No. There is only one set D. It is completely determined by the mapping, f(x). There are no other Ds. Moreover, the fact that D must be a member of P(X) does not define P(X). Quite the opposite. D's membership in P(X) is a direct consequence of the power set's definition.

jsfisher
23rd April 2008, 10:06 AM
We do not need any proof by contradiction here, because in this case Cantor directly provides us a way to define Power(X) in such a way that |Power(X)| > |X|, no matter if X is finite or not.

Ok, prove it. Cantor's proof is fairly compact. Show us your version of the proof with the shortcuts you suggest exist. No hand waving, no ill-defined rhetoric, just a rigorous proof, please.

Reality Check
23rd April 2008, 12:52 PM
No D is a power set, but any D is a member of a power set and no power set exists without its members.

Cantor's proof is based on the existence of members of sets or powersets.

Try to do it by ignoring the members.

http://www.randi.org/latexrender/latex.php?$$D = \{ \, x \in X: x \not \in f(x) \, \}$$
D must be a subset of X and also a member of Power(X), and no D is disconnected from the other D's (or in other words, we define Power(X) as an inseparble part of a proof about Power(X), which is invalid).

Is your D different from the D that is in the Wikipedia article?
where D is defined as "Let D be the set of all non-selfish natural numbers". (http://en.wikipedia.org/wiki/Cantor's_theorem)

If it is can you tell us what proof of Cantor's theorem you are looking at?

23rd April 2008, 01:17 PM
Is your D different from the D that is in the Wikipedia article?
where D is defined as "Let D be the set of all non-selfish natural numbers". (http://en.wikipedia.org/wiki/Cantor's_theorem)

If it is can you tell us what proof of Cantor's theorem you are looking at?

My D can be seen in http://forums.randi.org/showpost.php?p=3644296&postcount=39 .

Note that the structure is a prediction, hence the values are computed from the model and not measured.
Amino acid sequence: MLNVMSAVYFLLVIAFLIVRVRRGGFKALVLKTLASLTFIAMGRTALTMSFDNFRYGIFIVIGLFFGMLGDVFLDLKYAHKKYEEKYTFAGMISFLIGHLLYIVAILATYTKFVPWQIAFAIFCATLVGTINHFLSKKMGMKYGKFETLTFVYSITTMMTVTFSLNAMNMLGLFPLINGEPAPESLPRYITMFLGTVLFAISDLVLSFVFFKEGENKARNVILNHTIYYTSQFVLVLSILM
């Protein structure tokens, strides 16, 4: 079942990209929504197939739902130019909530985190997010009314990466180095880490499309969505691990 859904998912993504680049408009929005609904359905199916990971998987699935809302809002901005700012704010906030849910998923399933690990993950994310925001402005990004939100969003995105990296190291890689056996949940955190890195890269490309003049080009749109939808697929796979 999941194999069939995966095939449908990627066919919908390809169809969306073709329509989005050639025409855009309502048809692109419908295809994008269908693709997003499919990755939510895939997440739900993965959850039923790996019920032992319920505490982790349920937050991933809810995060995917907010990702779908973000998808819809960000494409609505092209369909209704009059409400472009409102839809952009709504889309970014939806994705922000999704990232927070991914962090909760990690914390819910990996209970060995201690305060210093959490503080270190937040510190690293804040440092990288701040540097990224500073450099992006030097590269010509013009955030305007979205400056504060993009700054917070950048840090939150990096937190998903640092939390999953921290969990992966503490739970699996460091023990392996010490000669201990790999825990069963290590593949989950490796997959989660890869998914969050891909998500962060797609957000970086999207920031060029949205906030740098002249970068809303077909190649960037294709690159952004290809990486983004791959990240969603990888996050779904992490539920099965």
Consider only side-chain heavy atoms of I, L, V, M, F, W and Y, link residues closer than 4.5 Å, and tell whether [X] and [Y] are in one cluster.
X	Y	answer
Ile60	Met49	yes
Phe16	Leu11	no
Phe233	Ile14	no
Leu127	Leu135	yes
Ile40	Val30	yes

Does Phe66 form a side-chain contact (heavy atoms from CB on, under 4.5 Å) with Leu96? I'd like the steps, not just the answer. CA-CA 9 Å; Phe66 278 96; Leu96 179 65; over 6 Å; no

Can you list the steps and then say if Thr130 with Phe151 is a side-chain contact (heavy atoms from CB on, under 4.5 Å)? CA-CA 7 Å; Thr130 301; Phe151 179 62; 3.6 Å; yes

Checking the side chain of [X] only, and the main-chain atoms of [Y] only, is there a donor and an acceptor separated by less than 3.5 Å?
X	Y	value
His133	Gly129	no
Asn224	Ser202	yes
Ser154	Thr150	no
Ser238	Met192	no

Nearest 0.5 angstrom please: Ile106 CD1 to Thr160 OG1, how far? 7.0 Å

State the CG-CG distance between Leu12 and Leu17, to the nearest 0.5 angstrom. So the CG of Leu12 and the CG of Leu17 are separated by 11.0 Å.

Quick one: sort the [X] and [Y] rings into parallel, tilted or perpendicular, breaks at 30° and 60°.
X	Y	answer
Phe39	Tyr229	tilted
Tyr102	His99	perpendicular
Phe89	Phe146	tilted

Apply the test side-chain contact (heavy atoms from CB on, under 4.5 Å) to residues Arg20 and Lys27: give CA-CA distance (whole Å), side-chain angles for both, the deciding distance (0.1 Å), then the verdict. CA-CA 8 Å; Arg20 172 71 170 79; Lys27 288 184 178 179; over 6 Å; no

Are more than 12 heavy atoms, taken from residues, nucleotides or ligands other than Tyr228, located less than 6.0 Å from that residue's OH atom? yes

jsfisher
23rd April 2008, 01:22 PM
Is your D different from the D that is in the Wikipedia article?
where D is defined as "Let D be the set of all non-selfish natural numbers". (http://en.wikipedia.org/wiki/Cantor's_theorem)

If it is can you tell us what proof of Cantor's theorem you are looking at?

The D, here, is the same as the set B in the wikipedia article under "The Proof" heading. The non-selfish numbers stuff is in the "A detailed explanation" part.

(At least, that's what I meant by it, and doron copy/pasted the Latex from my post.)

23rd April 2008, 01:24 PM
Ok, prove it. Cantor's proof is fairly compact. Show us your version of the proof with the shortcuts you suggest exist. No hand waving, no ill-defined rhetoric, just a rigorous proof, please.

http://forums.randi.org/showpost.php?p=3644296&postcount=39

jsfisher
23rd April 2008, 01:26 PM
http://forums.randi.org/showpost.php?p=3644296&postcount=39

That's not a proof of anything, just a lot of hand waving.

nathan
23rd April 2008, 01:31 PM
That's not a proof of anything, just a lot of hand waving.
hey, at least you got a sort of answer. All I got was 'don't ask questions' :)

23rd April 2008, 01:36 PM
ok, so you refuse to say where Cantor 'define[s] Power(X) in such a way that |Power(X)| > |X|, no matter if X is finite or not'.

That's not a proof of anything, just a lot of hand waving.
It is not a proof but it is a direct way to define |Power(X)| > |X|.

No proof is needed here, and this is exactly my claim.

jsfisher
23rd April 2008, 01:50 PM
It is not a proof but it is a direct way to define |Power(X)| > |X|.

No proof is needed here, and this is exactly my claim.

(a) You exhibit a collection of sets you call D (with only vague suggestions as to how a given D may have been generated), and you claim each D is a member of P(X).

Ok, so what? 2, 3 and 4 are each members of N, but that doesn't define the set N. Your D sets do not define P(X) either.

(b) You don't get to make up new definitions for already defined things. Power sets are defined (by the Axiom of Power Sets) not by your D sets.

nathan
23rd April 2008, 02:04 PM
It is not a proof but it is a direct way to define |Power(X)| > |X|.
How would you adjust your working in order to define |Power(X)| < |X|? After all, if it _is_ a definition, we can define it anyway we want.

23rd April 2008, 02:32 PM
(a) You exhibit a collection of sets you call D (with only vague suggestions as to how a given D may have been generated), and you claim each D is a member of P(X).

Ok, so what? 2, 3 and 4 are each members of N, but that doesn't define the set N. Your D sets do not define P(X) either.